Graduate Program in Neuroscience

Leo Pallanck

Monday, December 6, 2004 3:28:57 PM Color Data Format: JPEG (8 bit) Compression: Fine Image Size: 3008 X 1960 Lens: 24-85mm f/2.8-4.0 Focal Length: 60mm Exposure Mode: Manual Metering Mode: Multi-Pattern 1/320 sec-f/18 Exposure Comp: +1/3 EV Exposure Difference: -10 7/12 EV Hue Adjustment: 3 SpeedLight Mode: None Sensitivity: ISO 125 Color Mode: sRGB White Balance: Preset 1 Tone Compensation: Normal Sharpening: None Model:Nikon D1X Camera ID: UW Photo & Computer Imaging, #1 StudioPhone: 206-616-5997
Dept.:  Professor, Department of Genome Sciences
Neuroscience Focus Groups:
Lab Link


We are using genetic and genomic approaches to elucidate molecular mechanisms of neurodegeneration. These studies are being conducted in the fruit fly Drosophila melanogaster because of the powerful array of genetic and molecular tools available in this organism, and because previous work has shown that mechanisms of neural development and function are highly conserved in flies and mammals. Our work on this problem is premised in the belief that studies of neural function and dysfunction will contribute equally to our understanding of neurodegenerative disease mechanisms.

A major area of investigation in the lab involves the study of Drosophila models of the neurodegenerative disorders. We have recently generated fly models of Parkinson’s disease, Niemann Pick type C disease, and Spinocerebellar Ataxia Type 2, and are developing corresponding fly cell culture models of these disorders using RNA interference. Our current goals are to combine traditional genetic and high-throughput genomic approaches to these in vitro and in vivo systems to reveal the genetic pathways responsible for pathology in these disorders.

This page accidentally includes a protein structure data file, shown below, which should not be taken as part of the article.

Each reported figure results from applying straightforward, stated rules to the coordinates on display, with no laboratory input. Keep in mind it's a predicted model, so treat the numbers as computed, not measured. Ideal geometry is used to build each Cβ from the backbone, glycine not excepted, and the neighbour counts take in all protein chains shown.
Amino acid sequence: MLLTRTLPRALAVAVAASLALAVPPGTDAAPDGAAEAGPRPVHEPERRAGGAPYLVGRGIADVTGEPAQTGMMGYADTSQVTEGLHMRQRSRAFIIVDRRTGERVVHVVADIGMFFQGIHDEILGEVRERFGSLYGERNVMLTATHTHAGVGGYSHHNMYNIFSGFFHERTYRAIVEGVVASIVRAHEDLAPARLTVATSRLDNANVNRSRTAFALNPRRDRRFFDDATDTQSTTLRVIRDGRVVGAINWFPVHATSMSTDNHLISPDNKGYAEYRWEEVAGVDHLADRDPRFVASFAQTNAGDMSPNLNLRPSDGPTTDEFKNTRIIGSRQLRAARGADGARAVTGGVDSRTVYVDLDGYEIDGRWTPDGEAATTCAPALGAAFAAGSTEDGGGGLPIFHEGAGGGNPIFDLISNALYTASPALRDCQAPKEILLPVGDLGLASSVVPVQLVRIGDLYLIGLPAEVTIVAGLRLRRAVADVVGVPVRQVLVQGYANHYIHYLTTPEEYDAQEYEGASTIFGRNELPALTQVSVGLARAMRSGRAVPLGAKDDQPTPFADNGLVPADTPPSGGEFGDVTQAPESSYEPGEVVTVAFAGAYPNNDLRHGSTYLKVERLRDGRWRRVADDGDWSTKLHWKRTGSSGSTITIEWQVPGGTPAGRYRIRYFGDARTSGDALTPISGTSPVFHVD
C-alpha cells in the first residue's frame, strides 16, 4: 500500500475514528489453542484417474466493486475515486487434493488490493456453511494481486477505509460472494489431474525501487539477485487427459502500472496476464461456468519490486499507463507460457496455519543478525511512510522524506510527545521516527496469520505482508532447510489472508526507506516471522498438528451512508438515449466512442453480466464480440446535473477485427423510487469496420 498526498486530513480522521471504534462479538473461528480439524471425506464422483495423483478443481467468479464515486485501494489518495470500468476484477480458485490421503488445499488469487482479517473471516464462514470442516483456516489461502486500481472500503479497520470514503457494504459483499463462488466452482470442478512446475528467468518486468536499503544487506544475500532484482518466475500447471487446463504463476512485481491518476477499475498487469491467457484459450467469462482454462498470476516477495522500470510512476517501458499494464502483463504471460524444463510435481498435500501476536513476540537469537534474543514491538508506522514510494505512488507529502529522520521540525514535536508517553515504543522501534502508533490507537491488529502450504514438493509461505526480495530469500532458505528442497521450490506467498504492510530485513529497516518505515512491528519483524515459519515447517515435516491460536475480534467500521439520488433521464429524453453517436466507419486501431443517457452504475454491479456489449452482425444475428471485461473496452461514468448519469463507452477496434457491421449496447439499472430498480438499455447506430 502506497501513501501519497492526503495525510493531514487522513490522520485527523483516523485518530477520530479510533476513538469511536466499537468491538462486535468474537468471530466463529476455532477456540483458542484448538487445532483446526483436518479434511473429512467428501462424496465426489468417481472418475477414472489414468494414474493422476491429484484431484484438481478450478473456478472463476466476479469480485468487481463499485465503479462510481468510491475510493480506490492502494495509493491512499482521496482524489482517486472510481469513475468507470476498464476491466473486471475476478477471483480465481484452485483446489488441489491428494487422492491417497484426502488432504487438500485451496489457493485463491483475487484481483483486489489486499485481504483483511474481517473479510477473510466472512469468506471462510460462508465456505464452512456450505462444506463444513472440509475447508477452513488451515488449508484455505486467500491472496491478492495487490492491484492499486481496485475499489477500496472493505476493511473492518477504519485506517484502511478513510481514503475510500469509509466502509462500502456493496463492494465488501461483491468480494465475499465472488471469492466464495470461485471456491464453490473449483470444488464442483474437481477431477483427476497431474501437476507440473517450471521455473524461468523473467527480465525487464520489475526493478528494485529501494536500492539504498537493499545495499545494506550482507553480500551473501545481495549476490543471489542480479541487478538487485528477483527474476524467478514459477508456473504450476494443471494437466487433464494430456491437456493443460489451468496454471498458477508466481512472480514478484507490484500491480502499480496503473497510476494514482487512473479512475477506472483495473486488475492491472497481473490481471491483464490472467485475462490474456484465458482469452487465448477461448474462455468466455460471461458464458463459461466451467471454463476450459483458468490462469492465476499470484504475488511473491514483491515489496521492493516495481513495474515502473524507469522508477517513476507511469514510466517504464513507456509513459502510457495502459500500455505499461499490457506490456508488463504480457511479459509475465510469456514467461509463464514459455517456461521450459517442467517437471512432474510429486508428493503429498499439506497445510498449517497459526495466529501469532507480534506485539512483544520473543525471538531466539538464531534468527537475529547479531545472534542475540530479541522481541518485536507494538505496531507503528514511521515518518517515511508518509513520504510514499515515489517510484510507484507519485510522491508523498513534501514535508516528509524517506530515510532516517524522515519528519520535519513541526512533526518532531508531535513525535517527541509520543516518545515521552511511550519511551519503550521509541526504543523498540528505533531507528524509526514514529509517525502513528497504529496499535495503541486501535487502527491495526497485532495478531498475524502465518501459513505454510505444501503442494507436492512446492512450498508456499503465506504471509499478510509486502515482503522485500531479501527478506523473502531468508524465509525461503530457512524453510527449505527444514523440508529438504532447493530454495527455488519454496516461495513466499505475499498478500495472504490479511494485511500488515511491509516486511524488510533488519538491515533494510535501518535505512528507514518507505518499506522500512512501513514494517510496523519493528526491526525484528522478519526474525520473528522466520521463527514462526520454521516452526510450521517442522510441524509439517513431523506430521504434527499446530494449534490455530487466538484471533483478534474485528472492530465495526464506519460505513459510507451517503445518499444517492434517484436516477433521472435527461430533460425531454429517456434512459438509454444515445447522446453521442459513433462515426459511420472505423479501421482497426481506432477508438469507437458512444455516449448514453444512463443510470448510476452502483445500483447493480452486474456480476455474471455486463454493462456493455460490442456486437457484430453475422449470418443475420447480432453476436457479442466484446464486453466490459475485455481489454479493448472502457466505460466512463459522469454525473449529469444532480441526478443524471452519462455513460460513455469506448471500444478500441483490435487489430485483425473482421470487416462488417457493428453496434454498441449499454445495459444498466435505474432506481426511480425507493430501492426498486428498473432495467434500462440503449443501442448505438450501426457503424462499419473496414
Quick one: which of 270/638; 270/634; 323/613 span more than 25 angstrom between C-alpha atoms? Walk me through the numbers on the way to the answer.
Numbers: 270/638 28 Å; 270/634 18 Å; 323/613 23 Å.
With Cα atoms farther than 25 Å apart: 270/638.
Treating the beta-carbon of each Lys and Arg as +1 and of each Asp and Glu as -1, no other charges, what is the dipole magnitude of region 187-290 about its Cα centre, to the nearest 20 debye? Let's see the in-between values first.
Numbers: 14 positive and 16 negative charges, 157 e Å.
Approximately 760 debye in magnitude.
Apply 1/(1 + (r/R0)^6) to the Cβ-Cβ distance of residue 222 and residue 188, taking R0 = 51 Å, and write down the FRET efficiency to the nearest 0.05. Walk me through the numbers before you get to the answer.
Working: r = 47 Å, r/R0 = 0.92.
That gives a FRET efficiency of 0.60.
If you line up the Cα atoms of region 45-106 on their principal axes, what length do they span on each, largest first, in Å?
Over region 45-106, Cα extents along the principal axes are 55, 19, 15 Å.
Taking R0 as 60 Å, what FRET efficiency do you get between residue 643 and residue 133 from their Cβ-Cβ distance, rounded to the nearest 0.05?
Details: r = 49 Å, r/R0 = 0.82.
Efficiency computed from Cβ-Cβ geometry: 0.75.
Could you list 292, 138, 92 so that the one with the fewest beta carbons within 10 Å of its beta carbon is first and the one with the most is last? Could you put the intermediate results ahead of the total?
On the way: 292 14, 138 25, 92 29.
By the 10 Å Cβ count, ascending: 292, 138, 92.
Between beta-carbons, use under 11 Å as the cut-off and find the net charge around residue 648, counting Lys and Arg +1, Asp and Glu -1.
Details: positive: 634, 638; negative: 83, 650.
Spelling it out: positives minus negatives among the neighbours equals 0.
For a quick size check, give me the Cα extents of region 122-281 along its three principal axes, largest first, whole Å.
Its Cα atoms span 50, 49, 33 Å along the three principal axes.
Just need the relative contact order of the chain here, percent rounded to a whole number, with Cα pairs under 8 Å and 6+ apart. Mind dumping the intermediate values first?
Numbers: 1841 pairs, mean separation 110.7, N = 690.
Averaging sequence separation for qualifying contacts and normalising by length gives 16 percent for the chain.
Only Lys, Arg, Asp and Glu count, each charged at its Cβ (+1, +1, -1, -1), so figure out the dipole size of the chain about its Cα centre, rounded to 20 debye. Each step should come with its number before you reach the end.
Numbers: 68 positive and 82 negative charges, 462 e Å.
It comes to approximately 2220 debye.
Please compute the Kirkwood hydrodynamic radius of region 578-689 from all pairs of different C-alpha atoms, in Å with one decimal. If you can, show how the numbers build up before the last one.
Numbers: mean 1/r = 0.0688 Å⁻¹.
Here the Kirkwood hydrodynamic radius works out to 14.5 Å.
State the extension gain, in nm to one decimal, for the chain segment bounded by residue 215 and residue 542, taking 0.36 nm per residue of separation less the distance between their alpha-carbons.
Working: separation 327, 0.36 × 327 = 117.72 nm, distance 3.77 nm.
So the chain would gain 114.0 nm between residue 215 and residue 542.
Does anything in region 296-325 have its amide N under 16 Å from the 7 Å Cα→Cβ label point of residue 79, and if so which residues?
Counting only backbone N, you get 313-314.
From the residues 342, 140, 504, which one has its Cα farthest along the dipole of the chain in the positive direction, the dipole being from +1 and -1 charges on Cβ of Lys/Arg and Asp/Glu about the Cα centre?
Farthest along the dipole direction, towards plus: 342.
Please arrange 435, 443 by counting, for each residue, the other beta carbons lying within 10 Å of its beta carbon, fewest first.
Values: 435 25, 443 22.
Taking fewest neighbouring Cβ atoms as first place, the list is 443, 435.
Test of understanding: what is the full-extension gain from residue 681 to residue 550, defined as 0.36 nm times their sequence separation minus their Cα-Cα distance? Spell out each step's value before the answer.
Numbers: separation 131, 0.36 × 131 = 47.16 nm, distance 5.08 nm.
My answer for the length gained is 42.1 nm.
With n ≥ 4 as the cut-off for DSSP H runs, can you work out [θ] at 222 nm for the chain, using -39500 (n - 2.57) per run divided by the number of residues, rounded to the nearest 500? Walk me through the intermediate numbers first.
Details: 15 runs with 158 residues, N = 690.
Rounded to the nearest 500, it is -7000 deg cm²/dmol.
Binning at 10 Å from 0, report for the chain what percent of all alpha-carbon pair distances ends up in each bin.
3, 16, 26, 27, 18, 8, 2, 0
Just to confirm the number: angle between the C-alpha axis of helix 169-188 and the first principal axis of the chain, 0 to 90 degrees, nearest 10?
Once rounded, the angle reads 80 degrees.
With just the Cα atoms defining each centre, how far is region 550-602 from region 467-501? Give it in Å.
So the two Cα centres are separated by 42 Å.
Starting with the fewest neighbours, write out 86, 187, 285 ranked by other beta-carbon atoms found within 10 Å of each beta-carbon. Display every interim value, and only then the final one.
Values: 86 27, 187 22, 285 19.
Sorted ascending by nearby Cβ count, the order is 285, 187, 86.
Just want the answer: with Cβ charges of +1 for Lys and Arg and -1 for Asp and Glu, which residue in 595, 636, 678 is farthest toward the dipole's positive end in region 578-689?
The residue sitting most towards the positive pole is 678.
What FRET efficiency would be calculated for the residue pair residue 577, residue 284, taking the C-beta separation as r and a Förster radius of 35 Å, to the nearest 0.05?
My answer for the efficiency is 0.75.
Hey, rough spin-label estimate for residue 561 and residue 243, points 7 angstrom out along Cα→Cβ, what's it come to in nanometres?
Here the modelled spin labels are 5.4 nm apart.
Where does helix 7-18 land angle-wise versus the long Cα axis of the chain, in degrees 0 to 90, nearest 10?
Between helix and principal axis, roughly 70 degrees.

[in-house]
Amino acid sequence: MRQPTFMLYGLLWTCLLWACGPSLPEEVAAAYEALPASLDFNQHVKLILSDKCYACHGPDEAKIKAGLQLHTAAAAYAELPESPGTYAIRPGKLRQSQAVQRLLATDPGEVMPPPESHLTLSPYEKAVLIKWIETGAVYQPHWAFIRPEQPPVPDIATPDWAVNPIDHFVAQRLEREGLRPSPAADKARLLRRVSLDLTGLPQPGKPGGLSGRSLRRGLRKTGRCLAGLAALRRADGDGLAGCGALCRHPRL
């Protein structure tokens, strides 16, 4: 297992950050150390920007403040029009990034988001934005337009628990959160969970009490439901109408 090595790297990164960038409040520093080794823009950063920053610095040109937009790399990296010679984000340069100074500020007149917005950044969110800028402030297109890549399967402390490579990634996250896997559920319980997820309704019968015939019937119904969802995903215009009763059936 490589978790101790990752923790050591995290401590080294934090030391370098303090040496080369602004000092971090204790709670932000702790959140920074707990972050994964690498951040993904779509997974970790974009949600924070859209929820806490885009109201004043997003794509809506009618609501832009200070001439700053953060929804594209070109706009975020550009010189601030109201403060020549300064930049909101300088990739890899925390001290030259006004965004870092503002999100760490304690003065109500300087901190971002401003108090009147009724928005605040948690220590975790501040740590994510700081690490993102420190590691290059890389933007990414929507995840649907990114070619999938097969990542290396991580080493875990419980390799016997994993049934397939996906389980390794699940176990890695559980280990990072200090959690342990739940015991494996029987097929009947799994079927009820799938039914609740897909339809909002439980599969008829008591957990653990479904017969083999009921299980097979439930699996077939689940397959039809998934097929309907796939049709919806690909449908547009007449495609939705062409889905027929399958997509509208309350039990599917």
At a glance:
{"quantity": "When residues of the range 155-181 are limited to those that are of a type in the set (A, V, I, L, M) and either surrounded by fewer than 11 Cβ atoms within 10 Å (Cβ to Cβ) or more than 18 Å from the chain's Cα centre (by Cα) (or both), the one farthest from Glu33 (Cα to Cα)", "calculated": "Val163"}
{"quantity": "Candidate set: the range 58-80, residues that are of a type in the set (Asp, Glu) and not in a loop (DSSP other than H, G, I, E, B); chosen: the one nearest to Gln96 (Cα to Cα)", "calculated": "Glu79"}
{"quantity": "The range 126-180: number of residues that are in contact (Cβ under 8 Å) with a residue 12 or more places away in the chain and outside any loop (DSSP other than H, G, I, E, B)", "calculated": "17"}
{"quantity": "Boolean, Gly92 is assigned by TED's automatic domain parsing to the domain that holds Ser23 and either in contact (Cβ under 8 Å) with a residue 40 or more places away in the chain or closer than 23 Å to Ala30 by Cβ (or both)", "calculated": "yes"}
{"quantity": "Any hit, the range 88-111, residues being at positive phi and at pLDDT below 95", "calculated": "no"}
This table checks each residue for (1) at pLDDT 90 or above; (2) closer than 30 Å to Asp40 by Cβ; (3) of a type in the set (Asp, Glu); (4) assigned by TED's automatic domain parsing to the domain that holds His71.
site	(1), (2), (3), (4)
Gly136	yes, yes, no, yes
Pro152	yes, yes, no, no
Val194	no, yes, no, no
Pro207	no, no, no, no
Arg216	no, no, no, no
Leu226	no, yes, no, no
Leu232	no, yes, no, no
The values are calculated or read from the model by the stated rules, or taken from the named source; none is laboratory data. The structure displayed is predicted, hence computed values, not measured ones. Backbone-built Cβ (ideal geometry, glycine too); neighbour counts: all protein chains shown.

The other area of investigation in the lab involves the study of presynaptic neurotransmitter release mechanisms. In these studies, we are using both classical genetic approaches to identify novel components of the neurotransmitter release apparatus, as well as candidate gene approaches to test molecular models of neurotransmitter release mechanisms. As defects in synaptic transmission accompany or precede neuron loss in many neurodegenerative disorders, our basic studies of neurotransmitter release mechanisms should provide a foundation for a mechanistic understanding of pathogenesis in these disorders.